McQueen backs anti-slavery laws
12:11am Tuesday 8th April 2014 in © Press Association 2014
Oscar-winning director Steve McQueen has thrown his support behind demands for planned anti-slavery laws to be toughened up and extra protections to be included to stop victims being turned into criminals.
MPs and peers have warned that the Government's draft Modern Slavery Bill, which includes measures that will see human traffickers given maximum life terms, does not go far enough and parts "need a rewrite" so the criminal offences are simplified to ensure there are more convictions.
Victims must also be put at the heart of the legislation, with provisions that shield them from prosecution for crimes they were forced to commit while enslaved, the Joint Committee on the Draft Modern Slavery Bill said.
McQueen, whose 12 Years A Slave won best picture at the Oscars, said Britain can be "justifiably proud" of its anti-slavery tradition that stretches back to campaigners such as William Wilberforce and the Quakers.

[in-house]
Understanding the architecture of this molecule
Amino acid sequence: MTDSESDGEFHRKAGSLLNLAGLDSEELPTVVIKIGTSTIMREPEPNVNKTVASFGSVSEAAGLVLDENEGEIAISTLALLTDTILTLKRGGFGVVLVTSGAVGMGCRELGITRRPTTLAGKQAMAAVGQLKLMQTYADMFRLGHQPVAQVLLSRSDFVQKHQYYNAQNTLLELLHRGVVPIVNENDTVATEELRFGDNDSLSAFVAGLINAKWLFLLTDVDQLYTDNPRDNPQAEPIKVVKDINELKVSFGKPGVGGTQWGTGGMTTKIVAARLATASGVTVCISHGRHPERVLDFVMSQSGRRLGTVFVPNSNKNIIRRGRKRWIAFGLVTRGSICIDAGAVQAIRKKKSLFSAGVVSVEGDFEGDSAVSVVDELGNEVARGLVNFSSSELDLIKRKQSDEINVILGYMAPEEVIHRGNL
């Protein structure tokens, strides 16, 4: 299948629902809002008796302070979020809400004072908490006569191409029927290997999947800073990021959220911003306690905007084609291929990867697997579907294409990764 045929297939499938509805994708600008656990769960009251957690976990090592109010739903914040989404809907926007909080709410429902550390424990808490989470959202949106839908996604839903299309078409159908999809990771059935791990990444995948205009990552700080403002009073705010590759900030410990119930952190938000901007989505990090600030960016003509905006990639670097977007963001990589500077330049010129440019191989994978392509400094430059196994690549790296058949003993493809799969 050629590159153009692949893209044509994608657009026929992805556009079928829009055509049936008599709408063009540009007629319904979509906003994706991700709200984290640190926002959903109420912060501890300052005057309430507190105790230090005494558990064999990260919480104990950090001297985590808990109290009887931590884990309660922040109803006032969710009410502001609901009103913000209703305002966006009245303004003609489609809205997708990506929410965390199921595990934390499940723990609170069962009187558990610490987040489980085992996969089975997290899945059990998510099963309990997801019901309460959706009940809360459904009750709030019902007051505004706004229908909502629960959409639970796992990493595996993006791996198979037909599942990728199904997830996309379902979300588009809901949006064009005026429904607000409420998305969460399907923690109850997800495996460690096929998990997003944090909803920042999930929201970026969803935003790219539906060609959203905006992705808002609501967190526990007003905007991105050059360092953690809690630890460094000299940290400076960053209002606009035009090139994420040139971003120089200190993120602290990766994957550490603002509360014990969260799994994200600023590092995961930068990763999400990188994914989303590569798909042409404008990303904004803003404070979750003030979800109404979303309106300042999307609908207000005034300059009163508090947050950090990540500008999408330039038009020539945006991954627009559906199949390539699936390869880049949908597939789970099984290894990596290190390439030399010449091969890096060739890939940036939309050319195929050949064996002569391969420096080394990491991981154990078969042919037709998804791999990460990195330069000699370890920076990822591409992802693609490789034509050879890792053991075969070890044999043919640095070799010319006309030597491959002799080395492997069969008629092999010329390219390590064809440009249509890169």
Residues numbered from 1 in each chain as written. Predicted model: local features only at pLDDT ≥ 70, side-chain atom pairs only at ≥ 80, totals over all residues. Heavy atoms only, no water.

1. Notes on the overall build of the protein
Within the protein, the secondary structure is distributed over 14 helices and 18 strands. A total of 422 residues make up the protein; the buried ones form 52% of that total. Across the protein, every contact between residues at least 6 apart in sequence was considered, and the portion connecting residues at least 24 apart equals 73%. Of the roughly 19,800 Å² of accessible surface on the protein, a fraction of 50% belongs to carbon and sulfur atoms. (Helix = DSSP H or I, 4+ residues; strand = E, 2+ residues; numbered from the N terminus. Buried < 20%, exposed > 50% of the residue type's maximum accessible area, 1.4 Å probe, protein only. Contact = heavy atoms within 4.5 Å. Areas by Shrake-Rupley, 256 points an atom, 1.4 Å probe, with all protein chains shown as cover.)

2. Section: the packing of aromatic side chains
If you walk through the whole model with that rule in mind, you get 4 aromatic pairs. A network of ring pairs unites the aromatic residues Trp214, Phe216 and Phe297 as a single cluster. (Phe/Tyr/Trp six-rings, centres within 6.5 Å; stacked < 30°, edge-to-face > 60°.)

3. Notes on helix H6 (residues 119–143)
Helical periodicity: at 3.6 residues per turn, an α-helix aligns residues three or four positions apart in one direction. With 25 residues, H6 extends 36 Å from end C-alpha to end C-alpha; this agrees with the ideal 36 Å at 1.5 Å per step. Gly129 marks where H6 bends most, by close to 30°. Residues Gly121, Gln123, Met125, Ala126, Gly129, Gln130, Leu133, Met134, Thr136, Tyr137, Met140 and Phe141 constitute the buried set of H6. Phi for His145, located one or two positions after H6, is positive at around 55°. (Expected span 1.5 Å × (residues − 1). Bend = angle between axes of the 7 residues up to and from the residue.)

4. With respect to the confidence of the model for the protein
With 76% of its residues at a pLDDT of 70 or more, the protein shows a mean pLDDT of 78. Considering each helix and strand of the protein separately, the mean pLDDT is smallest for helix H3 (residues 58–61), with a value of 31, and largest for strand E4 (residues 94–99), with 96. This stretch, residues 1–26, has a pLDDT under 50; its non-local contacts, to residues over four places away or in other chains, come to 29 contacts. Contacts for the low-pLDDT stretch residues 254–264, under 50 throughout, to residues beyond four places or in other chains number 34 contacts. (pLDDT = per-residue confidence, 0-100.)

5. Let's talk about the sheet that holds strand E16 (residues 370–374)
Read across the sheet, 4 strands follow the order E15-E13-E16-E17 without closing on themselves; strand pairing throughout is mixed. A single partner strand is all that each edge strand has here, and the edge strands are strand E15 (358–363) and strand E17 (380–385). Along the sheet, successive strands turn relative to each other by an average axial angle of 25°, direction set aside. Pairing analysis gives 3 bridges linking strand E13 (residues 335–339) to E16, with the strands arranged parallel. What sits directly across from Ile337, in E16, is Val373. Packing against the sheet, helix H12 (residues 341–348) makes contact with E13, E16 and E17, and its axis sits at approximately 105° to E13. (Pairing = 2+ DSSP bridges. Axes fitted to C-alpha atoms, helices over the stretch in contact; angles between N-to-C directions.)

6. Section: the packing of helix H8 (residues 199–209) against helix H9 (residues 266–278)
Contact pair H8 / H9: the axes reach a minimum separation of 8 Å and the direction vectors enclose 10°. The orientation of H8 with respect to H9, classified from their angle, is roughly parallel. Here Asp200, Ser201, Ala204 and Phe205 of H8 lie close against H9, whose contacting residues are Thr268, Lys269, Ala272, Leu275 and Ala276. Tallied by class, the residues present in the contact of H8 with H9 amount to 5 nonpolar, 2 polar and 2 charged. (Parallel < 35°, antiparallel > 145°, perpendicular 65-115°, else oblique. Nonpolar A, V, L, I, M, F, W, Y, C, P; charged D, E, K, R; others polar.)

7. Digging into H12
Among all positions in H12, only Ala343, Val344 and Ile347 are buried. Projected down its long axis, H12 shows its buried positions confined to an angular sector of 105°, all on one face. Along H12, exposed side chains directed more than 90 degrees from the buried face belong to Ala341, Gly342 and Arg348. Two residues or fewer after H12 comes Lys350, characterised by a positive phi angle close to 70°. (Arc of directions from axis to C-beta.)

In a statement released by the committee, he added: "The authors of this report can honourably stand in that tradition. They have listened to the evidence and considered it with great care. Their recommendations are humane and principled.
"More than that they have grasped the complexity of contemporary trafficking and forced labour in the United Kingdom and have set forth clearly the fundamentals of what is necessary to tackle it effectively.
"I warmly commend this report and pay tribute to the members of the committee who have produced it. Their work has honoured Parliament and the country."
The committee said estimates about the scale of modern slavery, which includes sex trafficking as well as forced criminal activity and labour, vary widely but it is believed there are thousands of victims of sexual exploitation in the UK.
Victims include British schoolchildren groomed, abducted and forced to have sex and people who are trafficked and enslaved once they are here, it added.
The MPs and peers called for the creation of six offences - slavery of children and adults, child exploitation, exploitation, child trafficking, trafficking, and facilitating the commission of an offence of modern slavery - in the Bill.
They also pushed for l egislation on supply chains to ensure that firms can "no longer turn a blind eye to exploitation occurring in their names" and urged the Government to take the lead by " eradicating modern slavery from its own supply chains".